On the hiring side, we found that brainteasers are a complete waste of time. How many golf balls can you fit into an airplane? How many gas stations in Manhattan? A complete waste of time. They don’t predict anything. They serve primarily to make the interviewer feel smart.

Ah, making the interviewer feel smart: the golden goal of any interview.  Years ago, I wrote about my disastrous Northwestern Law School interview.  I flew out to Chicago after getting waitlisted by the school and interviewed with an alumnus from admissions. The upshot was that the guy couldn’t understand why an engineer would want to go to law school, and when I mentioned the legal implications of some of my engineering projects (namely, space law), he flipped out.  “Space law?  I’m a lawyer and I’ve never heard of it.”  I ended up explaining the basics to him – then promptly got a rejection letter from the school.  Obviously, of the two ways to look at the situation of a 0L correctly explaining the law to a ten-year attorney, he preferred the “She’s weird, let’s reject her” way.

Which is the fundamental problem with a lot of these situations: it’s more about the subjective reaction of the interviewer than anything that has to do with the interviewee’s merits.  There is the problem of tailoring the interview to the interviewee: the SAT writing test may be a fine way to distinguish decent high school student writers from those who can’t form a coherent sentence, but would be a terrible way to measure Victor Hugo’s writing ability.  The other problem with “Do you make me feel smart?” hiring is that it’s a great way to end up with a team full of people with the same background, the same types of thought processes,  and a propensity to make the same types of decisions.  That might work for a synchronised swimming team, but not so much for one facing a diversity of challenges.

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Can we please run this country like Chicago?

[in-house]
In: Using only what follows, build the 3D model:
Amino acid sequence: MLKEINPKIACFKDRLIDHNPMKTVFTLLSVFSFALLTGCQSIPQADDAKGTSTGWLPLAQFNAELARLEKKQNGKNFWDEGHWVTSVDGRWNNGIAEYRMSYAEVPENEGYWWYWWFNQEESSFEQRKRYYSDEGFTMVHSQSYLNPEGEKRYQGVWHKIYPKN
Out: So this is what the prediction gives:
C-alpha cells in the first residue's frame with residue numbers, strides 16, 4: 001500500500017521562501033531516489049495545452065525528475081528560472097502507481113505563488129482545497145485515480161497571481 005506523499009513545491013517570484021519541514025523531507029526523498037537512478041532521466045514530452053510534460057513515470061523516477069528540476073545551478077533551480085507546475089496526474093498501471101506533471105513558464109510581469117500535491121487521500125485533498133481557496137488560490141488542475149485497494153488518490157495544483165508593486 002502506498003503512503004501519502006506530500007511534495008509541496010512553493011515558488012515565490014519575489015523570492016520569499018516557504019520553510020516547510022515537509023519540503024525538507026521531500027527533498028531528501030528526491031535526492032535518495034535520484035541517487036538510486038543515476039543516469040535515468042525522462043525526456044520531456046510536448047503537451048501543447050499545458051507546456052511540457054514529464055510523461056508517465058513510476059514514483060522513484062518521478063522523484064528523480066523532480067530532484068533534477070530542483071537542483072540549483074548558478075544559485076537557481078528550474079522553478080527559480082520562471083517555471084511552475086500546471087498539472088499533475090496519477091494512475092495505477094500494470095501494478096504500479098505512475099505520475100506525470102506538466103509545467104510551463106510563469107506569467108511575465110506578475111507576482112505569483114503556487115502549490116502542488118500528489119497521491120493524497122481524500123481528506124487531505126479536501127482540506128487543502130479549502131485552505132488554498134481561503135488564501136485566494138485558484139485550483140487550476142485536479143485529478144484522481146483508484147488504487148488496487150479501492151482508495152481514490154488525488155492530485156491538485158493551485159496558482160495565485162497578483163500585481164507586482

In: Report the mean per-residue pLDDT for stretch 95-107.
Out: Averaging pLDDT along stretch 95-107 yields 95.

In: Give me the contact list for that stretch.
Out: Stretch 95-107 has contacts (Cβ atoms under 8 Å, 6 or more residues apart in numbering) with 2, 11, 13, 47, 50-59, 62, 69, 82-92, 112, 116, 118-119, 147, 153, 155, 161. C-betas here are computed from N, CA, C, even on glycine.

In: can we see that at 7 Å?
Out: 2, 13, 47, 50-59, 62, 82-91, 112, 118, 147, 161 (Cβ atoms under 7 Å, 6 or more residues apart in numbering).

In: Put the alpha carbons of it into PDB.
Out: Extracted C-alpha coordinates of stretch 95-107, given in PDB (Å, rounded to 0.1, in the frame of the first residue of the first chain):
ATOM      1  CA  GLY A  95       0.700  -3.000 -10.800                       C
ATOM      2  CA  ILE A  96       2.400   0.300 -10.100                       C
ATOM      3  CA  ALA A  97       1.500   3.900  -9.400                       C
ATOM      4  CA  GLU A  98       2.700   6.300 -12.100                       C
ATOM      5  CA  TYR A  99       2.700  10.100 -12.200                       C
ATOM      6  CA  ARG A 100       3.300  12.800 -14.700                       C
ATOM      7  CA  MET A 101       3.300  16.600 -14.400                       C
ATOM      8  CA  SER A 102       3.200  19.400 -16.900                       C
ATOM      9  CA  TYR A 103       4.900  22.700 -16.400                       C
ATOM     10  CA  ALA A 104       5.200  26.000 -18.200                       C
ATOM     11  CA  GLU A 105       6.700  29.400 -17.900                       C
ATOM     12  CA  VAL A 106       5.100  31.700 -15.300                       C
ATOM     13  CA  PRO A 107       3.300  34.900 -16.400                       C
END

Because it would be less corrupt.  Really, it would be.

Via James O’Keefe, the Department of Justice gave journalist status to Curtis Morrison, the man who illegally bugged Sen. Mitch McConnell’s office.   One ramification of this is that any individual or entity who wants  to subpoena Morrison’s records will need Eric Holder’s approval.

James O’Keefe is livid.  As he pointed out in his Facebook post, “I was arrested, incarcerated, Defamed, Placed on probation, restricted from traveling, had my bank accounts audited and my emails leaked… after taping Landrieu’s staffers legally.”  Yes, O’Keefe’s taping itself was legal; his entry into the building was a misdemeanour, because he entered under false pretenses.  His non-crime is the kind of overreaching, all-encompassing ridiculousness that is used as a bludgeon to criminalise behaviour that the powers-that-be do not like, but when no other crime has been committed.

Curtis Morrison revealed his tape in the fall; over eight months later, he has yet to be indicted.  It’s clear that he illegally eavesdropped on the conversation; he openly admits to “intercepting” a “wire, oral, or electronic communication“.  (Morrison’s actions do not appear to be privileged.)  Again, for the cheap seats, the guy has not even been indicted.

What’s clear is that the wrongdoing of people like Morrison will be ignored, while people like James O’Keefe – guilty of a far lesser criminal act – will be prosecuted.  As I said in the post title, can we run this country like Chicago and cut down on the corruption?  O’Keefe went to talk to Landrieu’s staffers about her allegedly “down” telephone system; they didn’t have any expectation of privacy in their conversation.  Morrison blatantly eavesdropped.  Yet O’Keefe was arrested almost immediately.

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Say whaaa?